CAGR% = 100( CAGR – 1 ),
GSD% = 100( GSD – 1 ).

To summarize, when setting out to measure volatility or growth, three decisions need to be made in advance: (a) the units in which time is measured, (b) the number of observations per time unit, and (c) whether the result is to be given in instantaneous or annualized form. Confusion can be avoided only when all three decisions are made with total clarity.

Simulations of Investment Growth and Volatility

The colored histogram shown in Figure 1 is based on 25,000 independent runs of a simulated investment whose growth rate and volatility are both very high (CAGR% = 100, GSD% = 100). The effect of the high volatility is very clear in this figure: some investors may easily see a return in excess of 600%, while others may lose over 60%. Consequently, their initial uncertainty as to the outcome of their investments is very large indeed.

The simulation itself was based on the stochastic difference equation

δXt = (eρδt)Xt δt + σXt δBt,

where ρ = ln( 2 ) / 252 = 0.002751, σ = ln( 2 ) / 2521/2 = 0.043664, and δt = 1 day. Each simulation was run for 252 days from a starting value of $10. The above stochastic difference equation works very well as a simulation of the true SDE, which cannot be simulated due to the infinitesimal time step dt, but only because the given time step δt = 1 is reasonably small compared to the duration of the simulation, 252 trading days.

When the time step is a significant fraction of the total duration, then another simulation method must be used. For example, suppose that we need to simulate an investment growth process over 10 years, with a time step of δt = 1 year. In this case we simulate the logarithm of the process, Yt = ln Xt, and use

δYt ~ N[ (ρ – ½ σ2)δt, σ2δt ].

In either case, the simulation requires the generation of a series of high-quality independent normally-distributed random numbers. The typical built-in random number generator that is supplied with most computer languages is not of high enough quality to support the simulation of stochastic differential equations. Experience with the simulations that were performed to test the results in this essay suggests the observed volatility will be substantially less than theory predicts when a deficient random number generator is used. One solution for this problem is to hand-code a custom random number generator using, for example, the portable Ran1 algorithm described in Numerical Recipes in C by William Press et al, published 1988 by Cambridge University Press. The Ran1 algorithm uses one linear congruential generator to produce the high-order bits of the result, a second to produce the low-order bits, and a third to shuffle the sequence of output numbers to remove periodicities.

The Sampling Variation of Growth Statistics

When an empirical statistic such as the CAGR is measured on a series of independent samples of data, we observe a distribution of values for the statistic. To treat this sampling varation mathematically, we consider each datum to be a random variable, and the estimator to be a transformation of those random variables. Thus the estimator itself is a random variable, and its theoretical variance can be used to estimate the sampling variation of the statistic in the real world.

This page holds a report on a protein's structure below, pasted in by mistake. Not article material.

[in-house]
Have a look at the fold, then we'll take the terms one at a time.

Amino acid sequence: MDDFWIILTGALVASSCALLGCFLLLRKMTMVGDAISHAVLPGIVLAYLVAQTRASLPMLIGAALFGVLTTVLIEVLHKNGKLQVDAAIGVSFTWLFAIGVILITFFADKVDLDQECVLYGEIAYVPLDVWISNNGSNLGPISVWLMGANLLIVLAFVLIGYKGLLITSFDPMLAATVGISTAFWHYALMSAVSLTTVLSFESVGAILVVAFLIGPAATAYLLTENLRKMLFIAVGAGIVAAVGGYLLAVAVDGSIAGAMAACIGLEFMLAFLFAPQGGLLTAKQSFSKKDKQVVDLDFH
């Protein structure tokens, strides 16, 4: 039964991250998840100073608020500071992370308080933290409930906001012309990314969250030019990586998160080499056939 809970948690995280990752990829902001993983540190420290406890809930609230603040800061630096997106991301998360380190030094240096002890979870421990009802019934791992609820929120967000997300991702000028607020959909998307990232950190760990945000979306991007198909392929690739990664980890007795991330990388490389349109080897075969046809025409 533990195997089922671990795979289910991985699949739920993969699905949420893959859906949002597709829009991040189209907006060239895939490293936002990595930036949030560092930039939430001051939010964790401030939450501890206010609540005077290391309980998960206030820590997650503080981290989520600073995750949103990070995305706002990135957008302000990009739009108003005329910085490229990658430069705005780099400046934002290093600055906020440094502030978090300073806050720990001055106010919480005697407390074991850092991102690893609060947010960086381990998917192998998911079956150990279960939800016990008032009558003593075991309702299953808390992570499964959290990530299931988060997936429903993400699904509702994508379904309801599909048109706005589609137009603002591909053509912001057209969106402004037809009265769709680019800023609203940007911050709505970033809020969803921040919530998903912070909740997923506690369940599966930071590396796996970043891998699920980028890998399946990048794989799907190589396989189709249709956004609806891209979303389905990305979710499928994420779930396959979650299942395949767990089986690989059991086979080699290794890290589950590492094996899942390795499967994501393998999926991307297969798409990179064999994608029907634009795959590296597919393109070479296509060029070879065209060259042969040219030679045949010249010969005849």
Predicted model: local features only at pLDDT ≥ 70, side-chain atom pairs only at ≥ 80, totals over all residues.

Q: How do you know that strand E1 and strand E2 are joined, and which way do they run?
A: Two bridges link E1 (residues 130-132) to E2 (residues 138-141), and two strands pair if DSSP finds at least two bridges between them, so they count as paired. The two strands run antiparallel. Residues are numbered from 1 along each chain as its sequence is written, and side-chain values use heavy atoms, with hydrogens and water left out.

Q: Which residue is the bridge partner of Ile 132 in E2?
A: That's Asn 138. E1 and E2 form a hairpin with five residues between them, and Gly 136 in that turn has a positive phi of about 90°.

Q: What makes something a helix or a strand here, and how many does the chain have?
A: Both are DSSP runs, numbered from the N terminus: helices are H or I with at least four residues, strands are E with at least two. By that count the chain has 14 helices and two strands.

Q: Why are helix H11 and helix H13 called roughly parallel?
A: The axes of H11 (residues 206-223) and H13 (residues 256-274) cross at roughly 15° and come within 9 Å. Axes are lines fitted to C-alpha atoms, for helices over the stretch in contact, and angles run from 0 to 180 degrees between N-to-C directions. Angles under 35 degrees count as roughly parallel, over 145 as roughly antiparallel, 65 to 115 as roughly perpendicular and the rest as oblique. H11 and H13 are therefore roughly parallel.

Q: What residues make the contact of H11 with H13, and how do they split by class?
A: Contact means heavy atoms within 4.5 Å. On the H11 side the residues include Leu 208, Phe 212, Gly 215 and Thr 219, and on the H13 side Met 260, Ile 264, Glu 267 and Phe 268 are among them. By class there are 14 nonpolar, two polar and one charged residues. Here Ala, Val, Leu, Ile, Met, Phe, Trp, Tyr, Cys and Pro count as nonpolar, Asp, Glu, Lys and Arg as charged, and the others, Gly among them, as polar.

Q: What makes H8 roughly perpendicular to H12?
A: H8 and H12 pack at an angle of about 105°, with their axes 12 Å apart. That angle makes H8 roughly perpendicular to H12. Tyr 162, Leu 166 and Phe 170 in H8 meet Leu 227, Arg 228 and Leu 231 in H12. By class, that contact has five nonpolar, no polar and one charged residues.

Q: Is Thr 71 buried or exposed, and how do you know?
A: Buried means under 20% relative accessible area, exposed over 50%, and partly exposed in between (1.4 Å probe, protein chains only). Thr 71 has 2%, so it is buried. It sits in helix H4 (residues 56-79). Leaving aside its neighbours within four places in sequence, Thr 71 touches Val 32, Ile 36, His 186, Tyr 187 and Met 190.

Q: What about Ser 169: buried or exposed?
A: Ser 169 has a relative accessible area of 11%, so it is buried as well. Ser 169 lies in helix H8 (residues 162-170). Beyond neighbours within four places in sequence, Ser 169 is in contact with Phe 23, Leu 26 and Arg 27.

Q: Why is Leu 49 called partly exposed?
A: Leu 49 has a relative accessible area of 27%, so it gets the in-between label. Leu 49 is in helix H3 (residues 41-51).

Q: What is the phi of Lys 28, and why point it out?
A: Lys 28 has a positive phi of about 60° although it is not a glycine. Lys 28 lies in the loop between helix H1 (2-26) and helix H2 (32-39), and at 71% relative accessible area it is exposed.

In the case of the growth rate, the estimator is constructed from an average of normally-distributed random variables. As one might expect, the sampling distribution of a growth rate ρ depends strongly on the volatility σ of the growth process. Here is a formula for the limits of the 95% confidence interval for the estimated CCGR, denoted here by r:

r ± (t0.025,σ) σ/ν1/2

The notation tα,ν refers to the point x on Student's t distribution with &nu degrees of freedom, such that P{ t > x } = α. When calculating r from N observations, the degrees of freedom are just &nu = N–1. When &nu > 30, the approximation tα,ν = Zα can be used, where the notation Zα refers to the point on the standard normal distribution such that P{ Z > x } = α. For the 95% confidence interval, Z0.025 = 1.96.


Over the 17 year period 1986 through 2002, the RRS189 monthly 5-stock screen had an observed CAGR% of 42 and GSD%(D) of 55. What is the 95% confidence interval for the CAGR%?

First we calculate an estimate r for the CCGR, namely r = ln( 1.42 ) = 0.3507. The degrees of freedom are &nu = (17)(12)–1 = 203. This is comfortably higher than 30, allowing us to use the normal approximation Z0.025 = 1.96 in place of the t-statistic. Our estimate for the instantaneous volatility is σ = ln( 1.55 ) = 0.4383, with time measured in years. Thus the limits of the 95% confidence interval are 0.3507 ± (1.96)(0.4383)/2031/2 = 0.3507 ± 0.0603. Converting each limit to a CAGR, using the relationship CAGR = exp[ ρ ], we get:

Lower limit for CAGR = exp[ 0.3507 – 0.0603 ] = 1.34,
Upper limit for CAGR = exp[ 0.3507 + 0.0603 ] = 1.51.

We conclude that the 95% confidence interval for the CAGR% of RRS189 runs between 34 and 51, with 42 as the best point estimate.